Thursday, June 27, 2013

Tommy Conwell and the Young Rumblers - 1987 NJ Concert

Tommy Conwell and the Young Rumblers perform live at Shenanigan's in Sea Isle City, New Jersey. [September 2, 1987]

Setlist:
Shenanigan's [Hosted by 100.7 KZXL]
Sea Isle City, New Jersey

- Smarty Pants
- It’s Your Life
- Crazy Mixed Up World
- Demolition Derby
- Maybe She’s Just Not There
- Satisfaction Guaranteed
- Night and Day
- I Believe I’m In Love with You
- How Long You Wanna Live Anyway?
- Truck Drivin’ Son of a Gun
- Welcome To My World
- Sweet Home Chicago
- I Knew the Bride When She Used to Rock n' Roll

Encore
- Walkin’ By Myself {Chris Day}
- Reelin’ and Rockin’ 

Monday, June 24, 2013

Tommy Conwell and the Young Rumblers with George Thorogood | September 1988


Tommy Conwell and the Young Rumblers were joined onstage by George Thorogood for a monster rock n' roll jam at the Paradise in Boston, Sept. 1988. The songs included "Johnny B. Goode," "Who Do You Love," and "No Particular Place to Go." 

A review by the Boston Globe the next day:

September 24, 1988
Boston Globe


Explosive Night at the Paradise

Steve Morse, Globe Staff

Explosiveness was already in the air. Tommy Conwell and the Young Rumblers -- a hungry-hearted new band from Philadelphia -- had been tearing up the Paradise for an hour. Conwell had been racing through the crowd and dancing on the bar, playing guitar solos that ricocheted off walls and through brains. So what could possibly take the crowd higher?  Bopping out of the wings came George Thorogood, the dean of wild man rockers, strapping on a guitar and launching a blistering jam. He and Conwell stood side by side, swapping licks and smiles while the audience was in a state of blissful shock.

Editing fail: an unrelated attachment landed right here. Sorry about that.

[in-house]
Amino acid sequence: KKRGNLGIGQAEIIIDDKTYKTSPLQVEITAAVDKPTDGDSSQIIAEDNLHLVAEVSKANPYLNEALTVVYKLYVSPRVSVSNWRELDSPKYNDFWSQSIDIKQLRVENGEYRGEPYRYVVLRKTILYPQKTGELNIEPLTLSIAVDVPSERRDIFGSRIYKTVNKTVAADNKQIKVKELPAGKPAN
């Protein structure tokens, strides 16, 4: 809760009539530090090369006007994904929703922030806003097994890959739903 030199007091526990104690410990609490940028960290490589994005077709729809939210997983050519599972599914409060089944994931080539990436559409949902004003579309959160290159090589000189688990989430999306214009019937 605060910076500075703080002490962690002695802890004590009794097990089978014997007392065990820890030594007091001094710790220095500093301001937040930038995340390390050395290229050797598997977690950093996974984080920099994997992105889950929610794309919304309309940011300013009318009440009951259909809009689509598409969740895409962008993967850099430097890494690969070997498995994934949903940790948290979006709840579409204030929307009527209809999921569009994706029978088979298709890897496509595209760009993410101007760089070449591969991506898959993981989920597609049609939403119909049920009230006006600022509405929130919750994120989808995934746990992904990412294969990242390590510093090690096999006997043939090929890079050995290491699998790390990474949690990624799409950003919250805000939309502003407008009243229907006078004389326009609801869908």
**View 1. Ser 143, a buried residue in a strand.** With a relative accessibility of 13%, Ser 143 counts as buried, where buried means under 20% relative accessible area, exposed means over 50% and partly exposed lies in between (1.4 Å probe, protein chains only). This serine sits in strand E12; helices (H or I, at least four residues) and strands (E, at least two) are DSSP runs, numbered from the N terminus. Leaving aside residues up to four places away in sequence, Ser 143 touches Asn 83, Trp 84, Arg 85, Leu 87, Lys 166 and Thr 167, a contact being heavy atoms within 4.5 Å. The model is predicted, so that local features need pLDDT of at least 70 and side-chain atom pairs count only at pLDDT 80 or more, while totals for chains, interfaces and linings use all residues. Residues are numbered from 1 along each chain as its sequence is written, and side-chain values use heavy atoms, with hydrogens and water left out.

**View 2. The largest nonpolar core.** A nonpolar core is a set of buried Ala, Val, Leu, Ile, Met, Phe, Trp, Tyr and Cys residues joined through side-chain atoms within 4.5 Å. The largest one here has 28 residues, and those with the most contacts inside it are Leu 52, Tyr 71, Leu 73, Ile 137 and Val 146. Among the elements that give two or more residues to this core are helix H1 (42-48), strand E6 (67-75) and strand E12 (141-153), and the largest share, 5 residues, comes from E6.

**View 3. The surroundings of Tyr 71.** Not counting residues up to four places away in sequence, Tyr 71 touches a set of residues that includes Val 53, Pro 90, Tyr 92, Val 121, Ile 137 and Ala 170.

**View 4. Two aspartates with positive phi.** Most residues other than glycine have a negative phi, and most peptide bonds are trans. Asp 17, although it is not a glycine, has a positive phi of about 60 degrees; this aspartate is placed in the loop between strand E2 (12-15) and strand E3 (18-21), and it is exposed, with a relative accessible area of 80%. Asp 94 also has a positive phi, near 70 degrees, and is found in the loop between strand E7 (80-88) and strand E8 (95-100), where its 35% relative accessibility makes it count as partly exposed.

Thorogood, in town on business, made merry with his patented "hootenanny rock" and soon had the room in an uproar. They steamrolled through Chuck Berry's "Johnny B. Goode," cruise- controlled through Bo Diddley's "Who Do You Love," then turned on the juice again on Berry's "No Particular Place to Go."

Remarkably, Conwell was not in awe of the situation -- and if you were judging, you'd have to term the jam a draw. It was a dramatic way for Conwell -- the pride and joy of Philly's roots rock scene -- to make his Boston debut. Thorogood, ever the jester, held his hand up and called him "the new champ." He then kidded slyly, "If I looked as good as him and could play as good, I'd have a future in this business!"